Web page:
Keywords:Small bodies, Automated identification, Particles in rock gravels, Boulders
Numerous boulders and fine particles are commonly distributed over the surface of small bodies, as revealed by the recent space exploration missions [e.g. 1]. Their mechanical properties, such as the shape and size distribution, are considered to be critical for the understanding of the geological surface processes , and for the landing safety of the landing/touchdown missions . However, precise identification of the outlines of such particles is challenging due to irregular particle shapes, overlapping particles, image resolution limits. Here, we present a computational approach for the automated identification of particles based on the image feature extraction algorithm utilizing the convolutional neural networks (CNNs). We prepare images of the imitated surface of small bodies by using simulated material (simulant) of the regolith of small bodies , and then carefully identified thousands of particles manually. With the data of profiles, the model is trained, enabling nearly 80 % of profiles of particles of simulant to be correctly traced without the aid of manual analysis. Moreover, particles on the global surface of asteroid Itokawa are automatically identified by using tens of images taken in the Hayabusa mission, and identified profiles are mapped on the shape model. We measure the sizes of particles, revealing the cumulative size-frequency distribution (CSFD) of particles on the global surface of Itokawa to have the power-law index of -3.48±0.08, which is consistent with the CSFD calculated in the previous research . The approach of this study can rapidly identify numerous particles, which can be a promising tool for analyzing countless images of the surface of small bodies taken in current and near future space exploration missions.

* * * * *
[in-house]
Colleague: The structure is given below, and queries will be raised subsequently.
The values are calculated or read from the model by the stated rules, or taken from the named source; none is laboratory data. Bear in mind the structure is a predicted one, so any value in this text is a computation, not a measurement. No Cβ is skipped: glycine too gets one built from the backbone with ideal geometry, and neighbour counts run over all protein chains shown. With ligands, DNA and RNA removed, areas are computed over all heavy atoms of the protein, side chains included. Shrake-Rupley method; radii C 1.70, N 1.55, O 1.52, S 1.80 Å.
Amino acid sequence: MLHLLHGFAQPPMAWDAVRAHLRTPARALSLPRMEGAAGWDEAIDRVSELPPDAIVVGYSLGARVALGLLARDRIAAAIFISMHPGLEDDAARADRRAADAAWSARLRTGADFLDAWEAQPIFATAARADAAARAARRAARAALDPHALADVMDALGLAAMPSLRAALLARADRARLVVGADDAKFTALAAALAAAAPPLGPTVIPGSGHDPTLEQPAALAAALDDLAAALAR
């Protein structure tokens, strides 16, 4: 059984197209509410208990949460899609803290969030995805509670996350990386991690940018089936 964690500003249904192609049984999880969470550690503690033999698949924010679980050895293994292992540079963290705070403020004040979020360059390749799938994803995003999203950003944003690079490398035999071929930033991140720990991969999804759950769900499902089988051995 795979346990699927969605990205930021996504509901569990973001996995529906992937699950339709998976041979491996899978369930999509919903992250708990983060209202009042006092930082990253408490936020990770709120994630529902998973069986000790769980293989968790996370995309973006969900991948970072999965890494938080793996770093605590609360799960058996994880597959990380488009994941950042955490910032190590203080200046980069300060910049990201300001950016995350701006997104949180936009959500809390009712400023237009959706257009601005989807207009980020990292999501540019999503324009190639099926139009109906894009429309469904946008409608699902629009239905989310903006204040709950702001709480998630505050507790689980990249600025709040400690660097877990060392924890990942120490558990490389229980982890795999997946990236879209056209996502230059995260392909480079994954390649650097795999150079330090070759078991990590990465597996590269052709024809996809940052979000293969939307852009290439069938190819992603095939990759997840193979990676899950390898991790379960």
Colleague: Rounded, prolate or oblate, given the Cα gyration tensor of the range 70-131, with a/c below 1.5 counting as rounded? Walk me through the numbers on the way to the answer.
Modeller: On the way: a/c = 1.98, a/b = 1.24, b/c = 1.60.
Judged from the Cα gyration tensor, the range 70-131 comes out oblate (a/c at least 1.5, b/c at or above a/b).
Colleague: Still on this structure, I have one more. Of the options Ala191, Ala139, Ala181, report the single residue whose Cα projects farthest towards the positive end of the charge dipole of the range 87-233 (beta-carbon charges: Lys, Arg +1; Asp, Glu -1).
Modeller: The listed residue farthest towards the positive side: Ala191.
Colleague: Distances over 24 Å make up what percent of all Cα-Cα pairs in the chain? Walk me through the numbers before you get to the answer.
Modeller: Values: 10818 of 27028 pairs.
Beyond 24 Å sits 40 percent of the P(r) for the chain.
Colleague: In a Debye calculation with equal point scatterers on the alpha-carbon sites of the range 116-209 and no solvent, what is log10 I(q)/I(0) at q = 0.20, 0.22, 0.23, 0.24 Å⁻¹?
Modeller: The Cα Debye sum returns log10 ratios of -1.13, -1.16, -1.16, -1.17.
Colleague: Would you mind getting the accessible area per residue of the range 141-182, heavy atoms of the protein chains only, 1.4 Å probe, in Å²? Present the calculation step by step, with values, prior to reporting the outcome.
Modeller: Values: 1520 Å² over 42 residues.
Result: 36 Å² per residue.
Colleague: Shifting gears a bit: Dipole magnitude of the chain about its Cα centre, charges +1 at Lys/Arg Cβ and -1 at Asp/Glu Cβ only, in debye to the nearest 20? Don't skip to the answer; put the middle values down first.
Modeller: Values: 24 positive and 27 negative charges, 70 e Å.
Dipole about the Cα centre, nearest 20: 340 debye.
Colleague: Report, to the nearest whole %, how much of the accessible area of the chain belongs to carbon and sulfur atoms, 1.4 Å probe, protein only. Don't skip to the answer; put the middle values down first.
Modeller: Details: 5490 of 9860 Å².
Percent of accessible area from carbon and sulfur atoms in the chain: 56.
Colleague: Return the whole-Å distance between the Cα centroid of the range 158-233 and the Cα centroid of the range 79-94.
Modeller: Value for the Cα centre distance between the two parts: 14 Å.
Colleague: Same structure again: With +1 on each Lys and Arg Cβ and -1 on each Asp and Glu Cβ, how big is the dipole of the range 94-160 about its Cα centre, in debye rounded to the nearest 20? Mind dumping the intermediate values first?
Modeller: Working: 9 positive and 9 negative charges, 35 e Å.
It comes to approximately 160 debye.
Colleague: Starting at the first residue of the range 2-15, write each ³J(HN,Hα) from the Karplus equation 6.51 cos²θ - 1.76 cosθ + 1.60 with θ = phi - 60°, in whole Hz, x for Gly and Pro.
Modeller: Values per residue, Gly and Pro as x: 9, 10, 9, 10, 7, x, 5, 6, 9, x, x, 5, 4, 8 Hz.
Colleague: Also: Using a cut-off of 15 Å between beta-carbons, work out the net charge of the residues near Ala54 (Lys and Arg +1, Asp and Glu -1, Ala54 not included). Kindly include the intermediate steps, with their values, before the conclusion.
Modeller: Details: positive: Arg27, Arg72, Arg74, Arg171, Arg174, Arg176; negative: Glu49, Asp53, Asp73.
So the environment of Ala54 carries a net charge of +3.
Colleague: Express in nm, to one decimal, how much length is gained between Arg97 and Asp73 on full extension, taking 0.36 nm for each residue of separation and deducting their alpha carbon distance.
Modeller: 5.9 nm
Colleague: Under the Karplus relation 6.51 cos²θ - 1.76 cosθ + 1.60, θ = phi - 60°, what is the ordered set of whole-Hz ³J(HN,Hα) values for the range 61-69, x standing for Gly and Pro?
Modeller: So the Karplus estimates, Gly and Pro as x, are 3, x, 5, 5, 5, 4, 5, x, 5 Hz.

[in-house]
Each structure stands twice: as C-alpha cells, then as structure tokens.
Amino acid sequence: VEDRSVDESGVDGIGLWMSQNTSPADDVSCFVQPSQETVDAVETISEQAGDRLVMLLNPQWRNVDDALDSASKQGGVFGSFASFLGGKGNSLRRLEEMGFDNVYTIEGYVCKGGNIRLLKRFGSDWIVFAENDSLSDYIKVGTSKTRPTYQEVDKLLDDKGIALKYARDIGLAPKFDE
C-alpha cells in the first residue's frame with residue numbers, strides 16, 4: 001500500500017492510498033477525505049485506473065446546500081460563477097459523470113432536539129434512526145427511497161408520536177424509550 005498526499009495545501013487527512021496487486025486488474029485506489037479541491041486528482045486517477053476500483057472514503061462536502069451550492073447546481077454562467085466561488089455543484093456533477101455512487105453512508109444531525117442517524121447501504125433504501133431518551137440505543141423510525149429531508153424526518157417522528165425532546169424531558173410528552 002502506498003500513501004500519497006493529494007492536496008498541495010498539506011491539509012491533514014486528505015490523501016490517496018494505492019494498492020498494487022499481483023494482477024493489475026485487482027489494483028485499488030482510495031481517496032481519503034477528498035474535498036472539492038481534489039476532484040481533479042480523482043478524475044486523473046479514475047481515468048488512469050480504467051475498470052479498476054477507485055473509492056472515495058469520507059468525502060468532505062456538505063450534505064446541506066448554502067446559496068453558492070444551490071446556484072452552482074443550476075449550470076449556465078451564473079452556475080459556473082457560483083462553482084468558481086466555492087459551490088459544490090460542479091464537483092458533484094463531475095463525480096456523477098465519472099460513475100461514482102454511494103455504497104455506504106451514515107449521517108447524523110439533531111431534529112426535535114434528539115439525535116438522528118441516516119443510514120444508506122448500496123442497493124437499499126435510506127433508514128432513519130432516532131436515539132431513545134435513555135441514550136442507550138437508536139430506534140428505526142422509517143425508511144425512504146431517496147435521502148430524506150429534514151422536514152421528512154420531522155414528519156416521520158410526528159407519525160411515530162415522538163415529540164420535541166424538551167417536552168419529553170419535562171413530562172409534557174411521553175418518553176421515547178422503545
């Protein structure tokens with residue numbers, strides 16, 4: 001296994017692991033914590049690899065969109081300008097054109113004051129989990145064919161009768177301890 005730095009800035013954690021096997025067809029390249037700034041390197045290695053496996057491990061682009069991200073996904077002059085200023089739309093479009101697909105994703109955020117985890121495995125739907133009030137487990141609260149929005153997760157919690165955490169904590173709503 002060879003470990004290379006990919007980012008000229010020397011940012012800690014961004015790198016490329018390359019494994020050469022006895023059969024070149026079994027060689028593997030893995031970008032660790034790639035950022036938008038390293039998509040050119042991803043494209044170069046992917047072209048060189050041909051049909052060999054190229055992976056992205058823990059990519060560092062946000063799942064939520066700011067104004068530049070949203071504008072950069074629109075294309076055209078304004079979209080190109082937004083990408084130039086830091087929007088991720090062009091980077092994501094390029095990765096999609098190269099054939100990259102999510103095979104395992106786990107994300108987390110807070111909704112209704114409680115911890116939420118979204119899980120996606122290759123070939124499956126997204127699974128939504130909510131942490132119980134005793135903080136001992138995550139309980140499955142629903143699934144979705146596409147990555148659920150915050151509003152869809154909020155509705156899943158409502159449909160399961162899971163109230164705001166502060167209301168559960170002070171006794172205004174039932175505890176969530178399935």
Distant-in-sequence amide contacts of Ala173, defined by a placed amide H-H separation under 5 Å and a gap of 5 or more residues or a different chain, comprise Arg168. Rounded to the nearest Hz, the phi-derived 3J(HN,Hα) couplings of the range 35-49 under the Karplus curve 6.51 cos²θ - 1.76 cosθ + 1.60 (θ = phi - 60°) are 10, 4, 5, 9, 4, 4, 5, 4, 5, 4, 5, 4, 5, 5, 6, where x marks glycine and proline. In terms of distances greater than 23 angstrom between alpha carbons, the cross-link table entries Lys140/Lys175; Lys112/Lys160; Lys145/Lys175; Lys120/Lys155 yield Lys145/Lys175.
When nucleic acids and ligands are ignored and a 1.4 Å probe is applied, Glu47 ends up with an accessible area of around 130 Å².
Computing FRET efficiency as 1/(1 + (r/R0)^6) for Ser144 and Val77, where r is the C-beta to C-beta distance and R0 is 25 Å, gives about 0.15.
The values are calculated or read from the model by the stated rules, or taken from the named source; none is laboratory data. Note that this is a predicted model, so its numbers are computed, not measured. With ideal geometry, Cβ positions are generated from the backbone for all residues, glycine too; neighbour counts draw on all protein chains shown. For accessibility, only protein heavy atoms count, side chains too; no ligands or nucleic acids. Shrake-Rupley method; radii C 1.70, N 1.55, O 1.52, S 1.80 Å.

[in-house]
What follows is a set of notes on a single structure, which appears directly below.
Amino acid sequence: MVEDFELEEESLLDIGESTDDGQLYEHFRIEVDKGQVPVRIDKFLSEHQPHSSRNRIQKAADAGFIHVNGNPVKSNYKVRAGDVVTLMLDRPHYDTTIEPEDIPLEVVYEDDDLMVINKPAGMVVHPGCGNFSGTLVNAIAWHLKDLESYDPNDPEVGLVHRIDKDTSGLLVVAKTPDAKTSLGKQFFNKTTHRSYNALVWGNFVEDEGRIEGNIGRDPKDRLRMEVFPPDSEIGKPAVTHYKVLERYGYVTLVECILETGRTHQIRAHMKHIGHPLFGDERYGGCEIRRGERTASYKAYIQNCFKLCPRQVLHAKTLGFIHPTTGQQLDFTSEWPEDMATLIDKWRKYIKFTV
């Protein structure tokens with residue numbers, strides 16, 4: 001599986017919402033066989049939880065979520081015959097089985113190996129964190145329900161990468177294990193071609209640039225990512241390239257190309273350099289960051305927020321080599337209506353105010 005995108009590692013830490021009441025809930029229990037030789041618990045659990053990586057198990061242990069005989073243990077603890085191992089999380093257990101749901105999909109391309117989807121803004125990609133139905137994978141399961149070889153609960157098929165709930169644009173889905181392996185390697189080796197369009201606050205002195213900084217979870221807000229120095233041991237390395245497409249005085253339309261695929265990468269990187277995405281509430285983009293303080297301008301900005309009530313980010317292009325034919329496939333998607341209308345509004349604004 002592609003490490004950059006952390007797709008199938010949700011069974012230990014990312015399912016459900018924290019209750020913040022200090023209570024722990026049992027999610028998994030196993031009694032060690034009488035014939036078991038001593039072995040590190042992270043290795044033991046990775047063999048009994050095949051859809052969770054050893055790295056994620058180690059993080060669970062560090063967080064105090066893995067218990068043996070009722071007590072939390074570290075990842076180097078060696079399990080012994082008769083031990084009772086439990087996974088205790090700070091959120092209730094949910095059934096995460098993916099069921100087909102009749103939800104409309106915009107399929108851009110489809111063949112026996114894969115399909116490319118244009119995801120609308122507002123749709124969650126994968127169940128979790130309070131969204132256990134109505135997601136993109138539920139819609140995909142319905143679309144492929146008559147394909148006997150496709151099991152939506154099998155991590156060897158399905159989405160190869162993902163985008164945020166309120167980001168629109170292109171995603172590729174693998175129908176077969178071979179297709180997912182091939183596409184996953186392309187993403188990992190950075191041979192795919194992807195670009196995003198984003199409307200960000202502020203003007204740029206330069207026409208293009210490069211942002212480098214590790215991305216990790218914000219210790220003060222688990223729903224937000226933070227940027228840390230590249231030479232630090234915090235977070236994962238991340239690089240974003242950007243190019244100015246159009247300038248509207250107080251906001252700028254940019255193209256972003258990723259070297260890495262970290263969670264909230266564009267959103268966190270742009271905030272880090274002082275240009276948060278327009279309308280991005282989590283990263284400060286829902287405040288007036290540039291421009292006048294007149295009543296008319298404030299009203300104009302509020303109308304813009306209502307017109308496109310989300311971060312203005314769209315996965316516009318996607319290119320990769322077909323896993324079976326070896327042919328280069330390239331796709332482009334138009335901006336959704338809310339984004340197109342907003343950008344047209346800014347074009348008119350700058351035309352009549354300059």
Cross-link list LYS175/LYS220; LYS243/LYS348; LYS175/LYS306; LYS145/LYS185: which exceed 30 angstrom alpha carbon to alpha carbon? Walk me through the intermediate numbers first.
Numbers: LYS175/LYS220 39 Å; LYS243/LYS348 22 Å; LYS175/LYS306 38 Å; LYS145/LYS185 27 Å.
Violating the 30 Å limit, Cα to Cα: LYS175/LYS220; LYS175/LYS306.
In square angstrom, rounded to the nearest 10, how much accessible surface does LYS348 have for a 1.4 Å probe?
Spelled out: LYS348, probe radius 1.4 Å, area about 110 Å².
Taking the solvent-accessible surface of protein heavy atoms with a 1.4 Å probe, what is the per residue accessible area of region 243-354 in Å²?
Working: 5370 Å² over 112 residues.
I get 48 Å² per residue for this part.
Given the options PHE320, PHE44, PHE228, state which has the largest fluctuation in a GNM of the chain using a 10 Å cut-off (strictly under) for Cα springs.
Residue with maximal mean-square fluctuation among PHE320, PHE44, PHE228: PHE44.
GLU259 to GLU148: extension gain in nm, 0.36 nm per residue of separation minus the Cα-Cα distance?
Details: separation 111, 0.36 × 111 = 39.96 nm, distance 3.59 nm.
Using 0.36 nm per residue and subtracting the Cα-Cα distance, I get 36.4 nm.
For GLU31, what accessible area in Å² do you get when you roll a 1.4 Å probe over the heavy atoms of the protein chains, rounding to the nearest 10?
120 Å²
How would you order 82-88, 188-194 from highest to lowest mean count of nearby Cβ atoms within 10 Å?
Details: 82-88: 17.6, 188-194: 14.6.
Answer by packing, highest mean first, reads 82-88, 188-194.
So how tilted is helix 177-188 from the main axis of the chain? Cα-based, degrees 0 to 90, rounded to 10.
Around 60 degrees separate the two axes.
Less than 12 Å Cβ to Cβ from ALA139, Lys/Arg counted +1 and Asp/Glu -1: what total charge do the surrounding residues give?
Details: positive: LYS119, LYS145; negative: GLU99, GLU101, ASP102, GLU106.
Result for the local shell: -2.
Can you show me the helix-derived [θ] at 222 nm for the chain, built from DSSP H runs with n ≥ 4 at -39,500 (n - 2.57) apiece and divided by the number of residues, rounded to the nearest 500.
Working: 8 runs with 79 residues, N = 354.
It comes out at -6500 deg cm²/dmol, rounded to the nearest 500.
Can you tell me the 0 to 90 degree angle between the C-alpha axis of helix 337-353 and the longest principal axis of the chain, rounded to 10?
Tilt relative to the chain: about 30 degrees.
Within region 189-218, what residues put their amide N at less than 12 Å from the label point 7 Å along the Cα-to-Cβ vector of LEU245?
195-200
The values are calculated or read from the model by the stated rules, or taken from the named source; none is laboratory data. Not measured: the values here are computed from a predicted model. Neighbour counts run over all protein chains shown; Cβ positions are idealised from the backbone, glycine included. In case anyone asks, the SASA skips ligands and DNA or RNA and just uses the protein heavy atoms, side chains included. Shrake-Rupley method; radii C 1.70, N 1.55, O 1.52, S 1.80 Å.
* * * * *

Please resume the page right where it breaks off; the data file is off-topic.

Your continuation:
Fujiwara A. et al. (2006), Science, 312, 5778  Michikami T. et al. (2019), Icarus, 331  Yamaguchi T. et al. (2018), Acta Astron., 151  Miyamoto H. et al. (2018), LPSC, 1882  Mazrouei S. et al. (2014), Icarus, 229